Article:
Supplement to “Freshman Tips”
Margaret Norman has two children in college: Brendan, who is a senior, and Sarah, a freshman who offered advice in our magazine article. Here are some tips from a parent who has been there—twice—with this caveat: “I’ve been a parent long enough to know better than to give parenting advice, because kids and situations are all different. I can only tell you what’s working for us. I’m thrilled that Sarah’s off to such a great start.”
- Let kids make their own decisions. You won’t always agree with all of their decisions, but they need to make their own mistakes and celebrate their own successes.
- Keep your sense of humor. Your freshman is going to come home thinking he knows everything about everything. As a parent, it’s easy to get your feelings hurt, but instead, be proud of him for having his own opinions.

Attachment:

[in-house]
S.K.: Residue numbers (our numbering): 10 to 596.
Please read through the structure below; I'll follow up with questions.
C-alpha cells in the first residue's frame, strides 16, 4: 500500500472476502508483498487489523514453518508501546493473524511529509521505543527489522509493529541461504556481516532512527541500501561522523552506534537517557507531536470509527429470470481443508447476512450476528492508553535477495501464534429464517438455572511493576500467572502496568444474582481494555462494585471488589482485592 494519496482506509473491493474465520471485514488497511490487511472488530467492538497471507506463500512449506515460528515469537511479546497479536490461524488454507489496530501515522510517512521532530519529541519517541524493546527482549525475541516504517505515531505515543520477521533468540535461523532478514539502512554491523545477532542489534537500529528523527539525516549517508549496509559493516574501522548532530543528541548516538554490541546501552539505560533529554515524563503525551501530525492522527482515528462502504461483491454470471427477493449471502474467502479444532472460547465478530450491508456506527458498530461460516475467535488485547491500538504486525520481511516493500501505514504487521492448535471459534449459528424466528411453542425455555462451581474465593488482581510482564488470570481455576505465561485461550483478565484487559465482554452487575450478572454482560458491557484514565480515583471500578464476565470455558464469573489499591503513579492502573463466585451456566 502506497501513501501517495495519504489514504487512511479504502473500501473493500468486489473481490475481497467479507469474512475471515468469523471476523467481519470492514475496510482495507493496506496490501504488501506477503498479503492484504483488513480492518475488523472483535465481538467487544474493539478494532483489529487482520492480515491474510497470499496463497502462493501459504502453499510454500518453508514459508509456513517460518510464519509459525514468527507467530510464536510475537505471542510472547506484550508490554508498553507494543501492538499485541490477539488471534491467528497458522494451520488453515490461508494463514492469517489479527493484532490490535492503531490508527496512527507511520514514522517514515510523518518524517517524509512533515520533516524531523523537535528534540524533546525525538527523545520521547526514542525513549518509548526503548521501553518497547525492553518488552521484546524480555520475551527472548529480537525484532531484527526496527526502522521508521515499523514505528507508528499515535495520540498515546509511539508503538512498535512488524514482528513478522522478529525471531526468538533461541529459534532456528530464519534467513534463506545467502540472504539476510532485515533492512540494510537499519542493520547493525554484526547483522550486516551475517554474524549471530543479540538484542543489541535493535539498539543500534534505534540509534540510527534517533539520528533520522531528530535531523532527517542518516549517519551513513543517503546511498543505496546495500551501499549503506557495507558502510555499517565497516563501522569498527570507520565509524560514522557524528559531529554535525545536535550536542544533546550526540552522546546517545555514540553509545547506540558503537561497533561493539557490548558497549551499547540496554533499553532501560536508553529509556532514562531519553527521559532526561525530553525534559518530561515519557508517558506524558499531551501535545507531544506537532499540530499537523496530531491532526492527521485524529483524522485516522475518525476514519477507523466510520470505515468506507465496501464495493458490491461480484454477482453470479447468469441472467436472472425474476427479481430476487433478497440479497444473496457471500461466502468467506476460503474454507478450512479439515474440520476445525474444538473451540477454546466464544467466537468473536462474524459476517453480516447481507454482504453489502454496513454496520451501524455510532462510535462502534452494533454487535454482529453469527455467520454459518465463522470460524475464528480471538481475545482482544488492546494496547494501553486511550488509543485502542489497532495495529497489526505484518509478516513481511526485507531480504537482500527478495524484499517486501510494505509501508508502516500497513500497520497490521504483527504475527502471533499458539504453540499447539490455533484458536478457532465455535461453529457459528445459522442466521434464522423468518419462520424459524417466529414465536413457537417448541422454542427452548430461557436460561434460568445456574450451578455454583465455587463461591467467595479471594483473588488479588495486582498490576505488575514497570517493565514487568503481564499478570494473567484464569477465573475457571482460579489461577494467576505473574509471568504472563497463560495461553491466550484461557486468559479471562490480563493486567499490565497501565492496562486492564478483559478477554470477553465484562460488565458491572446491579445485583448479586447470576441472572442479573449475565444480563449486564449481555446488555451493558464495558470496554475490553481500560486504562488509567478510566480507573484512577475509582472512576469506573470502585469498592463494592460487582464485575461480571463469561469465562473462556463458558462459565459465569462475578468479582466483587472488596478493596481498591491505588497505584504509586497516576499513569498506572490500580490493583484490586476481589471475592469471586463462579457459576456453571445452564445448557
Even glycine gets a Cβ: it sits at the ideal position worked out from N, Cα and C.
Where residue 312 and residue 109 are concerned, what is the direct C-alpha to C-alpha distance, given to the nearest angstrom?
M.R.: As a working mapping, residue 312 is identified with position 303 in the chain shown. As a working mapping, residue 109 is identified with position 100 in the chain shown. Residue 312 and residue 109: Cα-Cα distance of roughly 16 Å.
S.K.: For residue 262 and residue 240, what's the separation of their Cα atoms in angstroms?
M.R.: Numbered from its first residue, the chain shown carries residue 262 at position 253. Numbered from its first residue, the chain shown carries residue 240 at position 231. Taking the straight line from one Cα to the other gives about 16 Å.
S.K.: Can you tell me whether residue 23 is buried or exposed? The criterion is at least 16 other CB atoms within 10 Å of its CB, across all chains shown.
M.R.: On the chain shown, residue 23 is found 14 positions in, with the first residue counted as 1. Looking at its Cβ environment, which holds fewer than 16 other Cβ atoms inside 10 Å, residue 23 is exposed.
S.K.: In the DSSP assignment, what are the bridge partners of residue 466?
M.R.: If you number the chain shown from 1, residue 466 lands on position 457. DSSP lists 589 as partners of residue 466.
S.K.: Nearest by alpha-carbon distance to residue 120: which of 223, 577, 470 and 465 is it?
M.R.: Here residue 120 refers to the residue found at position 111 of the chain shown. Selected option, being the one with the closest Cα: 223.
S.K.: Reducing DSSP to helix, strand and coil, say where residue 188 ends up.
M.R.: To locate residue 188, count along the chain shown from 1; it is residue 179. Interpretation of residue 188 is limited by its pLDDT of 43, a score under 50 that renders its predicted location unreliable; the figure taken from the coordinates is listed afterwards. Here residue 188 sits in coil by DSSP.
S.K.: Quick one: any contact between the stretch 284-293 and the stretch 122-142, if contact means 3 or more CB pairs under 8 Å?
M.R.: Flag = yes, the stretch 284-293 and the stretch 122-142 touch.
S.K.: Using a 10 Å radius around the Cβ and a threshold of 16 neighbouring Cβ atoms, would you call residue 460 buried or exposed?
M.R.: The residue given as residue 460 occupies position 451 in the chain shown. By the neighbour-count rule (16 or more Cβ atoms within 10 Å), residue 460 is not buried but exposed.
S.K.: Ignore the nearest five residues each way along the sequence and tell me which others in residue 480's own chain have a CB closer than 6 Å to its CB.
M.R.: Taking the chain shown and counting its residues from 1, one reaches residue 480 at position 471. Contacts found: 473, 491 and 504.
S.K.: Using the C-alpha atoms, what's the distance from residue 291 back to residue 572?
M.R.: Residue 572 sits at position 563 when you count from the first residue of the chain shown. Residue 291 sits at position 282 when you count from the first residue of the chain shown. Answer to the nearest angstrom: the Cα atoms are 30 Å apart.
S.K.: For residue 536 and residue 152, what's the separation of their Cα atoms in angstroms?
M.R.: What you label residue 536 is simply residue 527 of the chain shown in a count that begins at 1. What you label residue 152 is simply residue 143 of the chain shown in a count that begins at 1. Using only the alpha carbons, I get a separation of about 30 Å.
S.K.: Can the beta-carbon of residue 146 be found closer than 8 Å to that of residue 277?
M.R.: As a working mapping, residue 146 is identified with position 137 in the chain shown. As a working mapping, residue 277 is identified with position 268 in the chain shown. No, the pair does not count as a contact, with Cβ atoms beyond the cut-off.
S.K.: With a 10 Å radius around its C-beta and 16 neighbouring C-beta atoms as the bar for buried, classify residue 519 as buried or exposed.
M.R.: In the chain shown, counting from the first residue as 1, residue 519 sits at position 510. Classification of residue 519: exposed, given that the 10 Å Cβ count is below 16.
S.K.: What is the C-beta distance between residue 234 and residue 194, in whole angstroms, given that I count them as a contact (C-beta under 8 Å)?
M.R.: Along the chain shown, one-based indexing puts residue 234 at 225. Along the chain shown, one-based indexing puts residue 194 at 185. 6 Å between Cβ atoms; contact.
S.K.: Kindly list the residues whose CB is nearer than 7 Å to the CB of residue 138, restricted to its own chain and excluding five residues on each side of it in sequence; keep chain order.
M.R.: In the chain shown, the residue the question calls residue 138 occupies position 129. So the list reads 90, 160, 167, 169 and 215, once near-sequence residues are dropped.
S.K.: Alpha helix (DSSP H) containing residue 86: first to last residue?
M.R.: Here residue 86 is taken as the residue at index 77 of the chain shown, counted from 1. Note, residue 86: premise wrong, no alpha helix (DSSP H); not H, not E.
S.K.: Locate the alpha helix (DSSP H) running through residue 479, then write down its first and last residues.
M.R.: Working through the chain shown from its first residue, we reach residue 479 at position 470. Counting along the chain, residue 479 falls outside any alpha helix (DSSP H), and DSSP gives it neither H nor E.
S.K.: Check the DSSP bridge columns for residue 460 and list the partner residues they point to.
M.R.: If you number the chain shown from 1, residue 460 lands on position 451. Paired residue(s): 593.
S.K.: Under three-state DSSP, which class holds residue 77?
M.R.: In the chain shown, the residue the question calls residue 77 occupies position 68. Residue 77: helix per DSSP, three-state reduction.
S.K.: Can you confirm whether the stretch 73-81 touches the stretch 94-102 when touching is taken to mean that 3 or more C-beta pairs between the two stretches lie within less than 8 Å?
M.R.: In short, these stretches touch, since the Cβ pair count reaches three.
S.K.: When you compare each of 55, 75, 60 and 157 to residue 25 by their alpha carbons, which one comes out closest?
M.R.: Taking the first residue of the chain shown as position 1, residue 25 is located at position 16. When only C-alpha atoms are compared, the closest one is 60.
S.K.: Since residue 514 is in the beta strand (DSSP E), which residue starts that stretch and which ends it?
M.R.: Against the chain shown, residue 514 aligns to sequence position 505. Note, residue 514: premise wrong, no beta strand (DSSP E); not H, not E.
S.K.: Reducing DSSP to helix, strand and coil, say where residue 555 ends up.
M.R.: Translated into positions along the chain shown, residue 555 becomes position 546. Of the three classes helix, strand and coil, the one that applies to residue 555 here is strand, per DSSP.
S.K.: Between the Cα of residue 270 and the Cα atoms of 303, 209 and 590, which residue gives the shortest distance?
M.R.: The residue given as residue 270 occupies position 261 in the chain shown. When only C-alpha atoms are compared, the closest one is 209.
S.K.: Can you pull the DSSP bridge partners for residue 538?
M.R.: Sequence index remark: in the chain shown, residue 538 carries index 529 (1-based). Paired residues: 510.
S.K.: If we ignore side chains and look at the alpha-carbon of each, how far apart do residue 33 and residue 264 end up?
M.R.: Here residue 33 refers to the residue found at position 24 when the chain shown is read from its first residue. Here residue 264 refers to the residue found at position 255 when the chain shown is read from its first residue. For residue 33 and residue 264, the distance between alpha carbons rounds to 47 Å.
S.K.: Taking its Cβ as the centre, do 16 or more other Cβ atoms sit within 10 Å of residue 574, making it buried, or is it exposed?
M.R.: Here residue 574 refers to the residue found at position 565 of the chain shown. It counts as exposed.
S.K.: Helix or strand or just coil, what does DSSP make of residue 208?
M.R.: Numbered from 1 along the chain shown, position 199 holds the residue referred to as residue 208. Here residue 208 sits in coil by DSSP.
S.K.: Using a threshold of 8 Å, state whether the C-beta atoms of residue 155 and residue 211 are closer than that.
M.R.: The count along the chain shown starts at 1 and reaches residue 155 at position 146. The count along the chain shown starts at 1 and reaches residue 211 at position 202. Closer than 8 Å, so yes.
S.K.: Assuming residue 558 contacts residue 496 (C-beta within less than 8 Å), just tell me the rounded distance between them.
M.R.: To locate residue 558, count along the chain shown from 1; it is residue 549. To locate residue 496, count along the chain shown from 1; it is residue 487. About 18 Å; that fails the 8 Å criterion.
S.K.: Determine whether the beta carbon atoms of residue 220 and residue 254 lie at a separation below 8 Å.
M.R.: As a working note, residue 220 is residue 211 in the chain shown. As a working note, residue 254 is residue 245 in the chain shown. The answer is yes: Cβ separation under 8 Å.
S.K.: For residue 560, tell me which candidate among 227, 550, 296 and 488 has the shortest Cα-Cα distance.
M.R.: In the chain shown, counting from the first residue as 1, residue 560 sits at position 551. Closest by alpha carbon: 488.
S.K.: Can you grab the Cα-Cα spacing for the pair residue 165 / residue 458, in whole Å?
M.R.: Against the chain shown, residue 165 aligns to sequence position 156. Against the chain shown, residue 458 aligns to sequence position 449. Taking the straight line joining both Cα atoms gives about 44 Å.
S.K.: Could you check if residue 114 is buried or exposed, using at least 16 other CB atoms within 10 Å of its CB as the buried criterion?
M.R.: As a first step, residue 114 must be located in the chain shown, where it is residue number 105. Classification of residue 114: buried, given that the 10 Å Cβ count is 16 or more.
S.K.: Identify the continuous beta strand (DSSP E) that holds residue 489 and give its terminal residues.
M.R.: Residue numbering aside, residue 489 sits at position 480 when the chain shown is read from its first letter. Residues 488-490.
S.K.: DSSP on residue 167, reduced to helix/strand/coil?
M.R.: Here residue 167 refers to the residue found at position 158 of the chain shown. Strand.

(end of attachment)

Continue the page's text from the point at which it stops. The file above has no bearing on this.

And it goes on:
- Let them try on different perspectives. One year she may feel strongly one way, and the next year she may have a totally different view. Remember that freshmen are in the process of figuring out who they are.
- Keep plenty of food in refrigerator when they come home, including their favorites.
- Find a balance on how much to talk with your kids. Stay in touch without being intrusive. This may be different with each child.
- Send packages. They love homemade goodies but prefer money to packaged foods. “Instead of buying $10 of groceries that cost me $8 to mail, I now just write a note and enclose $15,” she says.
- Be prepared to be an advocate if you need to, but first listen to your kids and respect their views.
- Treat them like adults.
To read the Kentucky Living February 2006 feature that goes along with this supplement, click here: Freshman Tips